There is said to be major racket at the borders of West Bengal and Assam with Bangladesh which provides illegal migrants with identity cards. Hyderabad with a considerable presence of the Muslim population in South India has become an ideal destination for many Rohingyas and Bangladeshi immigrants. The vote bank politics has to lead to such a situation that there is a growing population of immigrants every year who are employed as daily wage workers. These immigrants easily manage to get voter ID cards and Aadhar cards as well.
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Areas near the old city like Balapur , Chandrayangutta , Shalibanda , and Barkas in the old city of Hyderabad a have huge population of immigrants. In , a Supreme Court bench ruled Illegal Migrants Determination by Tribunal Act IMDT as unconstitutional while,  with reference to the Sinha Report ,  maintained that the impact of the "aggression" represented by large-scale illegal migration from Bangladesh had made the life of the people of Assam especially one of seven sisters which is Tripura the land of Tiprasa "wholly insecure and the panic generated thereby had created fear psychosis" in other north-eastern States.
The High Court ruled that the illegal Bangladeshi immigrants "pose a danger to India's internal security". Apart from immigrants, a large number smugglers regularly cross the porous border along West Bengal into India.
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Data Highlights: Migration Tables. Retrieved 7 June Strategic Analysis, January—March Retrieved 26 August One India, 27 March Archived from the original on 20 March Census India. Archived from the original PDF on 22 July Retrieved Hindustan Times. Archived from the original on January 3, Archived from the original PDF on The Financial Express. The Times of India. Syam Roy 28 September The Statesman. Archived from the original on 10 September Registrar General and Census Commissioner of India. Retrieved 20 December Section 5 provides for establishment of Illegal Migrants Determination Tribunals.
Only a person who has been a District Judge or Additional District Judge is eligible for becoming a member of the Tribunal and each Tribunal has to consist of two members. Section 9 gives the powers of the Tribunal. Section 15 provides for establishment of an Appellate Tribunal which shall consist of not less than two and not more than six members as the Central Government may think fit and only a person who is or has been a Judge of the High Court is eligible to be appointed as member thereof.
The Appellate Tribunal shall function in benches consisting of not less than two members. The Memorandum of Appeal shall be accompanied by such fee not being less than Rs. Section 21A provides that it shall be lawful for the police officer not below the rank of Superintendent of Police, if he is satisfied that the circumstances so require, and for reasons to be recorded in writing direct any person against whom a reference or an application has been made under this Act to enter into a bond with or without sureties for making himself available for inquiry.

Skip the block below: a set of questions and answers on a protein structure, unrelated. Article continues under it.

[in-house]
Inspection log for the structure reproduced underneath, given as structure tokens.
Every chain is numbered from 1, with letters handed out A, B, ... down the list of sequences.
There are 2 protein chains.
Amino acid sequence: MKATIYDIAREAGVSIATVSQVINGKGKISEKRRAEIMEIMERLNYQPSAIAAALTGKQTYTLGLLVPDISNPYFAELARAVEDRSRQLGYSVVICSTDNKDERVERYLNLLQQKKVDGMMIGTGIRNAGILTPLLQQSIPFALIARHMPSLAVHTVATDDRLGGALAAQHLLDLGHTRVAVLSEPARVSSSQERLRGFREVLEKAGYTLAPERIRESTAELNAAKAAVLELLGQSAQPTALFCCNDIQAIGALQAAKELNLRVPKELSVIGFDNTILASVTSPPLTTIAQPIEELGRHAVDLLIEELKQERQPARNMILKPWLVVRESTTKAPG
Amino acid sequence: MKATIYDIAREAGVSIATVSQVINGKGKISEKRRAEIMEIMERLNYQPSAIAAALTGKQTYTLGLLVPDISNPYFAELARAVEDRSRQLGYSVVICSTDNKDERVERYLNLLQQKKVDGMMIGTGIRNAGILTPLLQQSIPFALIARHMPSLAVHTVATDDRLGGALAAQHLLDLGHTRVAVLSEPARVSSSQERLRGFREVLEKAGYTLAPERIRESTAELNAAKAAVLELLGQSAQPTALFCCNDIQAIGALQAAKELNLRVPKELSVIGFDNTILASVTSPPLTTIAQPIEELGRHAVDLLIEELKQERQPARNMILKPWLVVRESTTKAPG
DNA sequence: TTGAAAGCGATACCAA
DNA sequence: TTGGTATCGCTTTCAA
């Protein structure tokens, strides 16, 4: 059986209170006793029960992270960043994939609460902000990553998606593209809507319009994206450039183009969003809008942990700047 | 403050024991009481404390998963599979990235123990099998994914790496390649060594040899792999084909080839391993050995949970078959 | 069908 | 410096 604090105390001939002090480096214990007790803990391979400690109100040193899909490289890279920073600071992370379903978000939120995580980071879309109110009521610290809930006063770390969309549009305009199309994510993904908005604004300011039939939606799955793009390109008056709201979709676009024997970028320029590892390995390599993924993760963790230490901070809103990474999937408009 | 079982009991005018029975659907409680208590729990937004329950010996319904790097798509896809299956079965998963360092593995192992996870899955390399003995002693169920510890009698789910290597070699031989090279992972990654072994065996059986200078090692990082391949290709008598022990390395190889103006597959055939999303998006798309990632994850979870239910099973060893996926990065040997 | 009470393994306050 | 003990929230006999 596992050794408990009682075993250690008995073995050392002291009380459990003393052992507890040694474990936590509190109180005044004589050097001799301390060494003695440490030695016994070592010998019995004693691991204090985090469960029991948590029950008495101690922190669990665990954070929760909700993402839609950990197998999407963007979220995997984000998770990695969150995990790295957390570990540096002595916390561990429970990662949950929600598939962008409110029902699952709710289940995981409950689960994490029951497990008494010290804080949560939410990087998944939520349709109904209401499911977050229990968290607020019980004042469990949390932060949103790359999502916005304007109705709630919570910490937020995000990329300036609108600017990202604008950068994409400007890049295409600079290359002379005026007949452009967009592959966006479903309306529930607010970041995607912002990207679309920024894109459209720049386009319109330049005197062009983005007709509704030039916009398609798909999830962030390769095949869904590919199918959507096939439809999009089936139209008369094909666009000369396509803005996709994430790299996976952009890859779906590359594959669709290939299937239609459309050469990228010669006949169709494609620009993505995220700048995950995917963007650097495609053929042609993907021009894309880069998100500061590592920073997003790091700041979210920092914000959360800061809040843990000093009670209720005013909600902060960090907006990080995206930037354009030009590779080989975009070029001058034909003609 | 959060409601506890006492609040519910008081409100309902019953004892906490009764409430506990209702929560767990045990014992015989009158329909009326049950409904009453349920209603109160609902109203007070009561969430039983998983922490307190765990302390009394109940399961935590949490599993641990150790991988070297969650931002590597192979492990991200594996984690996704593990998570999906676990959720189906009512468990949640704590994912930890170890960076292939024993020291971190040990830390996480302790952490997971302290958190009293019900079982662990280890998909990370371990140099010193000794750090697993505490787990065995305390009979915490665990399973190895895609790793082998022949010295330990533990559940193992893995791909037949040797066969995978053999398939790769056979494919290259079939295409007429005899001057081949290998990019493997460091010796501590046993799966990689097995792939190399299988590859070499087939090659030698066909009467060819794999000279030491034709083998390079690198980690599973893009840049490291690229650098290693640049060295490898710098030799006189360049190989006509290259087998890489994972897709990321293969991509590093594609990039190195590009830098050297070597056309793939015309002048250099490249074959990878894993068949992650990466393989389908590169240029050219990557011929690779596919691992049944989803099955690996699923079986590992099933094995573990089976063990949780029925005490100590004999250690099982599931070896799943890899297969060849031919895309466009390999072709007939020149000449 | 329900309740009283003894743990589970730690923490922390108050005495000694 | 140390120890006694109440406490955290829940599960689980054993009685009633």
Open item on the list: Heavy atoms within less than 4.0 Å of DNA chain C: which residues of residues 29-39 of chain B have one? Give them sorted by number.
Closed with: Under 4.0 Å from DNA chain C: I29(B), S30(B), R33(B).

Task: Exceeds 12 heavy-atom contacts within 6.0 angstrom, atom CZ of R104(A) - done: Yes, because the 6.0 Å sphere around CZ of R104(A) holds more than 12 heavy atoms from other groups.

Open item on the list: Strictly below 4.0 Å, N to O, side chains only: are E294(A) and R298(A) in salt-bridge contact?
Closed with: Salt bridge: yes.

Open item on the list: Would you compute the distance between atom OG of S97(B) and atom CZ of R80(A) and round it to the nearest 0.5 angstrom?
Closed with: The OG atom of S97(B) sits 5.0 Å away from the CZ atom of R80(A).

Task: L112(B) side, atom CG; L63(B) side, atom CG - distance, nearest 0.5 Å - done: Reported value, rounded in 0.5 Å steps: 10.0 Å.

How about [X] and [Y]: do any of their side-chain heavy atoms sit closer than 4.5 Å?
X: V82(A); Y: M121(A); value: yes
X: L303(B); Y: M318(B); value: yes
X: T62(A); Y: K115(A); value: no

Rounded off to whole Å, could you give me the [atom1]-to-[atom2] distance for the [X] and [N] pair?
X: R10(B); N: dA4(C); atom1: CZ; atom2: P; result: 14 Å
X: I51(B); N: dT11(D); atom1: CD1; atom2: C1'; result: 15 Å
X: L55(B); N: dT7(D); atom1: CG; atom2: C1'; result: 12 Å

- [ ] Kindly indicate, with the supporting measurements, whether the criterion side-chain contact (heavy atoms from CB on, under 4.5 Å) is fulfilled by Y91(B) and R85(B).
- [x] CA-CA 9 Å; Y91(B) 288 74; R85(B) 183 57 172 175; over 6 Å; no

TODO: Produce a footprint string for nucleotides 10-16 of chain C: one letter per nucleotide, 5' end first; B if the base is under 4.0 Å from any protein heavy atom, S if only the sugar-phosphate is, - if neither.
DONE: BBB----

Section 25 provides that any person who contravenes or attempts to contravene or fails to comply with any order or direction given under Section 20 or harbours any such person shall be punishable with imprisonment for a term which shall not be less than one year but which may extend to three years and with fine, which shall not be less than two thousand rupees.
The proviso to the Section empowers the Court to impose lesser sentence or fine for adequate and special reasons.
Rule 2 ii defines a "competent authority" which means the Central Government and includes, where a State Government or any officer subordinate to Central Government or a State Government is empowered by notification under Section 21 to exercise and discharge the powers and duties of the Central Government under Section 8 1 and Section 8-A 1 , such State Government or officer.
Rule 3 requires that for the purpose of making the reference in relation to any person under Section 8 1 or Section 8-A 1 to the Tribunal, the competent authority seized of the matter shall require the Superintendent of Police to direct an officer not below the rank of a Sub-Inspector of Police to make an inquiry.
Rules 4 to 7 lay down that the inquiry officer who has been directed to make an inquiry shall call upon that person alleged illegal migrant to give information as regards the particulars mentioned in Form-I. He may elicit information from any other person who may be acquainted with the facts and circumstances of the case. The details of the inquiry have to be entered day by day in a diary kept for the purpose setting forth the time at which any information reached him, the time at which he began and closed his enquiry and the place or places visited by him and the statement of the circumstances ascertained through such enquiry and then he has to submit a report, in Form-II with the diary, to the immediate superior officer who shall endorse the comments thereon and submit it to the Screening Committee.
Rule 8 provides for constitution of a Screening Committee at every sub-divisional level where the Tribunals are established and shall consist of two members, one of whom shall be Sub-divisional Magistrate and other a police officer not below the rank of a Deputy Superintendent of Police in the sub-division concerned. The Screening Committee after scrutiny of the information contained in Form II has to then make its recommendations to the Superintendent of Police as to whether the person mentioned in the report is or is not an illegal migrant.
Rule 9 provides that if on recommendations of the Screening Committee and such further information as the competent authority may call for, it appears to that authority that the question arises as to whether any person is or is not an illegal migrant, that authority shall make a reference to the Tribunal for its decision thereon, along with the diary, report of inquiry officer containing the endorsement of his immediate superior officer, recommendation of the Screening Committee and any other further information.
So a discretion has been conferred upon the Competent Authority whether to make a reference to the Tribunal or not. If the Competent Authority chooses not to make a reference, there is no right of appeal and the alleged illegal migrant remains untouched. He can then safely reside in Assam.
Rule 13 provides that the Superintendent of Police shall, as far as may be, follow the procedure as specified in Rules 3 to 8 while making an inquiry in respect of a notice issued to him by the Tribunal under Section 11 1.